With just over 100 days until the Rugby World Cup 2019 gets underway, bookmakers across the globe will be getting their markets in order as they try to entice those punters who bet with their hearts.
Odds, however, can sometimes seem a little arbitrary, not really painting a picture of how easy or difficult a task is. So, in light of that, we are going to provide some real word probability to each nation’s chances.
For New Zealand, it’s simple: The All Blacks chances are rated about the same as you have of guessing correctly heads or tails in a single coin toss. New Zealand are obviously favourites, but they are also at least just as likely not to win, so teams should probably bear that in mind.
Get a friend to hold their one hand behind their back, then guess correctly how many fingers (and thumb) they are holding up. England have a similar chance. They’ll be quite happy with that with respect to how they were playing a year ago.
Ireland, who have had some issues of late, have the same probability as you have correctly guessing the correct day of the week that a random person was born on. For Wales, a spider is wearing eight shoes, one with a lucky coin underneath: Your chances of guessing are the same as the recently crowned Six Nations champions going all the way in Japan.
Springboks need divine inspiration
For South Africa, we will consider something otherworldly: The Norse god Odin is travelling to one of the nine worlds in the mythological universe. Your chances of guessing the right one is the same as the what the bookies give the Springboks of success.
I’m thinking of a rugby player* who was in the starting line-up for South Africa in the 2007 Rugby World Cup Final. Your chance of guessing correctly match the probability of the Wallabies winning the World Cup. For the French, it’s February and it’s a leap year: The probability of France winning the World Cup is the same as you are being able to guess a random date in that month.
You are playing roulette at Mansion Casino South Africa. Your chances of hitting a number straight up are the same as the Scottish winning a first World Cup. A little tougher for Argentina, as the Pumas chances are around the same as you are being able to predict the identity of a single card from a deck.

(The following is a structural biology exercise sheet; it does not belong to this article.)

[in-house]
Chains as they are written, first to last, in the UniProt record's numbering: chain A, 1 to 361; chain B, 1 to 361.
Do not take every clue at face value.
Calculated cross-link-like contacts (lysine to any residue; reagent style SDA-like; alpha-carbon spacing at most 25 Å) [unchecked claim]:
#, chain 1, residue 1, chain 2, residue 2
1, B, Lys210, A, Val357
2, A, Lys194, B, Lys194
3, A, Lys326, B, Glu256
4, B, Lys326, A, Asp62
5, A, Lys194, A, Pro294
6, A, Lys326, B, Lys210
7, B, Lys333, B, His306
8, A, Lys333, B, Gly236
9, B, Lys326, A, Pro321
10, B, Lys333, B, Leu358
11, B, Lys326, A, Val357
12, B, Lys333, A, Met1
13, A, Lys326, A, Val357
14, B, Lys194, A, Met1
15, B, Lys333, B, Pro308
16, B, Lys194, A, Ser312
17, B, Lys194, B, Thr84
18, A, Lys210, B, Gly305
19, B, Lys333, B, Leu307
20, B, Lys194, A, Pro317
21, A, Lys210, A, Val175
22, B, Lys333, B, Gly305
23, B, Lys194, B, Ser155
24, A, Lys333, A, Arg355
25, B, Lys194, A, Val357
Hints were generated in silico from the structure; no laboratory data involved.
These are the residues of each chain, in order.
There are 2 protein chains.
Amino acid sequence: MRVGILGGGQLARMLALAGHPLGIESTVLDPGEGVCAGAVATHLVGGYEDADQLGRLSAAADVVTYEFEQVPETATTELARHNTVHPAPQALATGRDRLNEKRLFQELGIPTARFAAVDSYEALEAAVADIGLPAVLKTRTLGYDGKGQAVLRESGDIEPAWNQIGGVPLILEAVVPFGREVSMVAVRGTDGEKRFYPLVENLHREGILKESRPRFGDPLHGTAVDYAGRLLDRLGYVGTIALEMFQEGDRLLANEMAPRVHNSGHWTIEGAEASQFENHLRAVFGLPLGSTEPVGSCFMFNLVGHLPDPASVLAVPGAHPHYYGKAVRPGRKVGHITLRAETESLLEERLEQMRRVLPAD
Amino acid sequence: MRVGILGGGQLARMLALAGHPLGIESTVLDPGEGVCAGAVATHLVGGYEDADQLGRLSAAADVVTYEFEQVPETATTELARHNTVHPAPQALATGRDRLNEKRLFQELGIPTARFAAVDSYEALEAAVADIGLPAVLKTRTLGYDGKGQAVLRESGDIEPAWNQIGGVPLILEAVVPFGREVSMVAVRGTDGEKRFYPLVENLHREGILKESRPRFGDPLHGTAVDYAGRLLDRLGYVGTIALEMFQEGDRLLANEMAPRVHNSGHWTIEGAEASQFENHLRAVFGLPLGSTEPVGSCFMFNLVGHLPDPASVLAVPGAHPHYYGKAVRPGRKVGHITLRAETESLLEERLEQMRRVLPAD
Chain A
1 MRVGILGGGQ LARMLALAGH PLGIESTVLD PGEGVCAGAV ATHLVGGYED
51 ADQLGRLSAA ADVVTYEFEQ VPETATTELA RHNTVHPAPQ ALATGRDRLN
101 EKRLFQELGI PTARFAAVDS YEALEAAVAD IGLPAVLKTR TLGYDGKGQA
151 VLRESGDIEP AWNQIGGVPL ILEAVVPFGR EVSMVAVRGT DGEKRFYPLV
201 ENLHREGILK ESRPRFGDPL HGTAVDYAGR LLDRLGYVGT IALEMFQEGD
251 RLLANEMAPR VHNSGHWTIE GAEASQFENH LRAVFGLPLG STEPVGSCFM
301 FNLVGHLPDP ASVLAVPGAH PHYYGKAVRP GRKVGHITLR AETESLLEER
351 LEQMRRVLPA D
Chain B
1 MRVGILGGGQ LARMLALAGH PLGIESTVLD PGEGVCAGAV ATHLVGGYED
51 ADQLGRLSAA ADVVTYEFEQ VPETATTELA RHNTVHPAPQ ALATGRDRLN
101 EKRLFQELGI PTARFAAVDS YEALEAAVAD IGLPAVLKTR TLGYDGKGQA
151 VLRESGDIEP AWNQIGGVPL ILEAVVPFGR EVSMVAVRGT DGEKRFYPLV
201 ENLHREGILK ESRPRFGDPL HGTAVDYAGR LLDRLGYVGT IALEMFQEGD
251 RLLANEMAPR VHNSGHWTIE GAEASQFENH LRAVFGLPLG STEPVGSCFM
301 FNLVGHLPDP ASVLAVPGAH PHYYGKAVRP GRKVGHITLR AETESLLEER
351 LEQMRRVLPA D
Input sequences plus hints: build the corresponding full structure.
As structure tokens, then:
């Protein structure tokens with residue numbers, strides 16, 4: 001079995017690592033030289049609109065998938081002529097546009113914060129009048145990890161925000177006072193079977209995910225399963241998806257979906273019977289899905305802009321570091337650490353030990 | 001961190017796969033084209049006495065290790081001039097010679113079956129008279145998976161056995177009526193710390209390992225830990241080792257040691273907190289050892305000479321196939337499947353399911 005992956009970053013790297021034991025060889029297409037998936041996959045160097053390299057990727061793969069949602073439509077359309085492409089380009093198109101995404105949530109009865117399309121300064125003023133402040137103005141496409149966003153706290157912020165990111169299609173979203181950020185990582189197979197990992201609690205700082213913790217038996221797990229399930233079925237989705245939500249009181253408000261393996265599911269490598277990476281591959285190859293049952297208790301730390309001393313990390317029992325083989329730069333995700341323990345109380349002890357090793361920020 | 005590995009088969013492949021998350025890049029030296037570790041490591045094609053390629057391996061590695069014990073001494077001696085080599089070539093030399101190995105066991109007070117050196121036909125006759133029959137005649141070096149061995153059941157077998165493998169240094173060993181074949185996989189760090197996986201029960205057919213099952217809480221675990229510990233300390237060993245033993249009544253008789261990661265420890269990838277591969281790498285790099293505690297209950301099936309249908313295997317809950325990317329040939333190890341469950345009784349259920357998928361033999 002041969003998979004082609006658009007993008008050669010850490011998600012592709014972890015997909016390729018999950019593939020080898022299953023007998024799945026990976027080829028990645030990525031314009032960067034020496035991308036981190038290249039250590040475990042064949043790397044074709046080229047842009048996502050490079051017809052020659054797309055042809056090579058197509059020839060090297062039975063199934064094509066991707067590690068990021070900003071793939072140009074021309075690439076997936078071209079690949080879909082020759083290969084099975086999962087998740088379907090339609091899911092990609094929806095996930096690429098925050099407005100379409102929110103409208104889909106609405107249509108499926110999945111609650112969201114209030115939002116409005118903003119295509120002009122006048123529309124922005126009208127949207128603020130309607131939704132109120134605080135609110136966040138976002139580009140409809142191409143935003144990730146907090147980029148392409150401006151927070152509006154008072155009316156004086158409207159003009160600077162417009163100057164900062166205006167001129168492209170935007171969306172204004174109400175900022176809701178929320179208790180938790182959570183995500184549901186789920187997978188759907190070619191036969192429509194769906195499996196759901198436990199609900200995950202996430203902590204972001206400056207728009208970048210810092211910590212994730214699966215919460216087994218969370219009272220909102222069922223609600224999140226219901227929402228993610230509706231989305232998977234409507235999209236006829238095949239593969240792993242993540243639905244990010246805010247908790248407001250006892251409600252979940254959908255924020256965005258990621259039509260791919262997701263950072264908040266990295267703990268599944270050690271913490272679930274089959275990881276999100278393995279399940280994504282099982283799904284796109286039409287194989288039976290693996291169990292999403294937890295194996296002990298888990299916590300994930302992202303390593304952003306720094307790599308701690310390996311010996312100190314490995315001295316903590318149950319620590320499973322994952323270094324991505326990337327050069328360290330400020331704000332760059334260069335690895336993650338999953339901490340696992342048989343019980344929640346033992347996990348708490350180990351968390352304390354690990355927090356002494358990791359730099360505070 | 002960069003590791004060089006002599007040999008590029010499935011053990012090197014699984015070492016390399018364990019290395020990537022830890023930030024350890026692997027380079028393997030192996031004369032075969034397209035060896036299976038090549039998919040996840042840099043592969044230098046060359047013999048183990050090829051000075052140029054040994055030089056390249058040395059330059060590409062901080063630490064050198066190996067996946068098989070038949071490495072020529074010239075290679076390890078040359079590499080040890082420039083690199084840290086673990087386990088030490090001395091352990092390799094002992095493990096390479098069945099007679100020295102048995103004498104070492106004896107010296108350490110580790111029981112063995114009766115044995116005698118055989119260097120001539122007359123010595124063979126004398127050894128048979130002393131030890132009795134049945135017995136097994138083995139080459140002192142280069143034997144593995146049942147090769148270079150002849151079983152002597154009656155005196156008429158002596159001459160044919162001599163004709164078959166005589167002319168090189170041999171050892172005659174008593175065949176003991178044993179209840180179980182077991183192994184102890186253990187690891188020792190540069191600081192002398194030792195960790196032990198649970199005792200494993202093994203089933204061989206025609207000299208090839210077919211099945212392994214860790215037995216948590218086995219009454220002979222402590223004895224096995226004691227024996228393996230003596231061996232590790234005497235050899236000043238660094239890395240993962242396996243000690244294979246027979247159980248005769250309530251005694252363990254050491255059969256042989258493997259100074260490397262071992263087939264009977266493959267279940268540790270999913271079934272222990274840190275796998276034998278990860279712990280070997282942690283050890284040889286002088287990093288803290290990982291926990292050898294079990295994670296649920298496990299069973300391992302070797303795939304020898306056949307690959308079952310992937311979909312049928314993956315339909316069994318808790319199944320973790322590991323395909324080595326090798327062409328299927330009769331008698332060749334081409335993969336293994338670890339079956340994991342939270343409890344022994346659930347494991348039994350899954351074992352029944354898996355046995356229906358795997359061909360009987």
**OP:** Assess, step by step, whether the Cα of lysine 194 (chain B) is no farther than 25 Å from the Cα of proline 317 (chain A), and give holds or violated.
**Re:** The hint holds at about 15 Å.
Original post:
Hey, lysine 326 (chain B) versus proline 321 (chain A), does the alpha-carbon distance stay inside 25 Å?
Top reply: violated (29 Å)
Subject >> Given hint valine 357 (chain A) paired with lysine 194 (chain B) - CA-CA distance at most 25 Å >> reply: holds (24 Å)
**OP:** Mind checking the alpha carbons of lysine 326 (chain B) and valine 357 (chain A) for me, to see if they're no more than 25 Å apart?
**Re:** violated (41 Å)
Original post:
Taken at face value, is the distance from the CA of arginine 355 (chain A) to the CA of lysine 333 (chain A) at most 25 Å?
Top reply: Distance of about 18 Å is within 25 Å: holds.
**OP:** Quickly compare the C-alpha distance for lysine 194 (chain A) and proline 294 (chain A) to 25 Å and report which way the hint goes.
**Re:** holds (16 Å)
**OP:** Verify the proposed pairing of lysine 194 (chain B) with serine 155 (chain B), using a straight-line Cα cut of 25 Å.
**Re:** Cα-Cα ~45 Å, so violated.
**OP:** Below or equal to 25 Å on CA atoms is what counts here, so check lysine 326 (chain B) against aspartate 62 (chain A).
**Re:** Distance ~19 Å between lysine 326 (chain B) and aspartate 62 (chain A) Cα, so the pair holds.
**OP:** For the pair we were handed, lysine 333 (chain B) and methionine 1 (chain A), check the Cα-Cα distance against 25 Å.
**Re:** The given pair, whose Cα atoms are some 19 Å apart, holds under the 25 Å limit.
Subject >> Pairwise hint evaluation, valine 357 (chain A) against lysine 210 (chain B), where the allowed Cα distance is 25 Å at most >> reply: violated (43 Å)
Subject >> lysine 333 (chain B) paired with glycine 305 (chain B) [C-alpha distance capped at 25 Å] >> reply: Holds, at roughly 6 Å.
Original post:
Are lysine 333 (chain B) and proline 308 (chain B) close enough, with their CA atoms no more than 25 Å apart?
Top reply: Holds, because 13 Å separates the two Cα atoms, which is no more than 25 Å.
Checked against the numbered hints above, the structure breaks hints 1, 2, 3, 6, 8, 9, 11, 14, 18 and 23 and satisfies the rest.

Japan have it tough
The hosts chances are the same as you have of being able to guess any random year between now and when James Watt patented the steam engine (1769). Correctly predict any random date in the last three years, and you would have a similar probability to a team like Italy, Tonga, Samoa or Fiji winning the World Cup.
For the USA, it’s even tougher, similar to guessing a random card from a deck correctly – twice in succession. Russia, Uruguay and Namibia are the rank outsiders, with a real-world probability similar to guessing any random date between now and Thabo Mbeki’s second election victory.
Overall, it shows how difficult it is implied for the ‘weaker’ nations, but it also implies that it is not guaranteed for the favourites. In particular, teams facing New Zealand should keep in mind that their chances of not going all the way are just as high as them falling at some stage. For South Africa, a bit of luck might be needed – but a one in nine chance has proven enough in sports time and time again, and things seem to be picking up at the right time.
*If you were wondering, it was Butch James.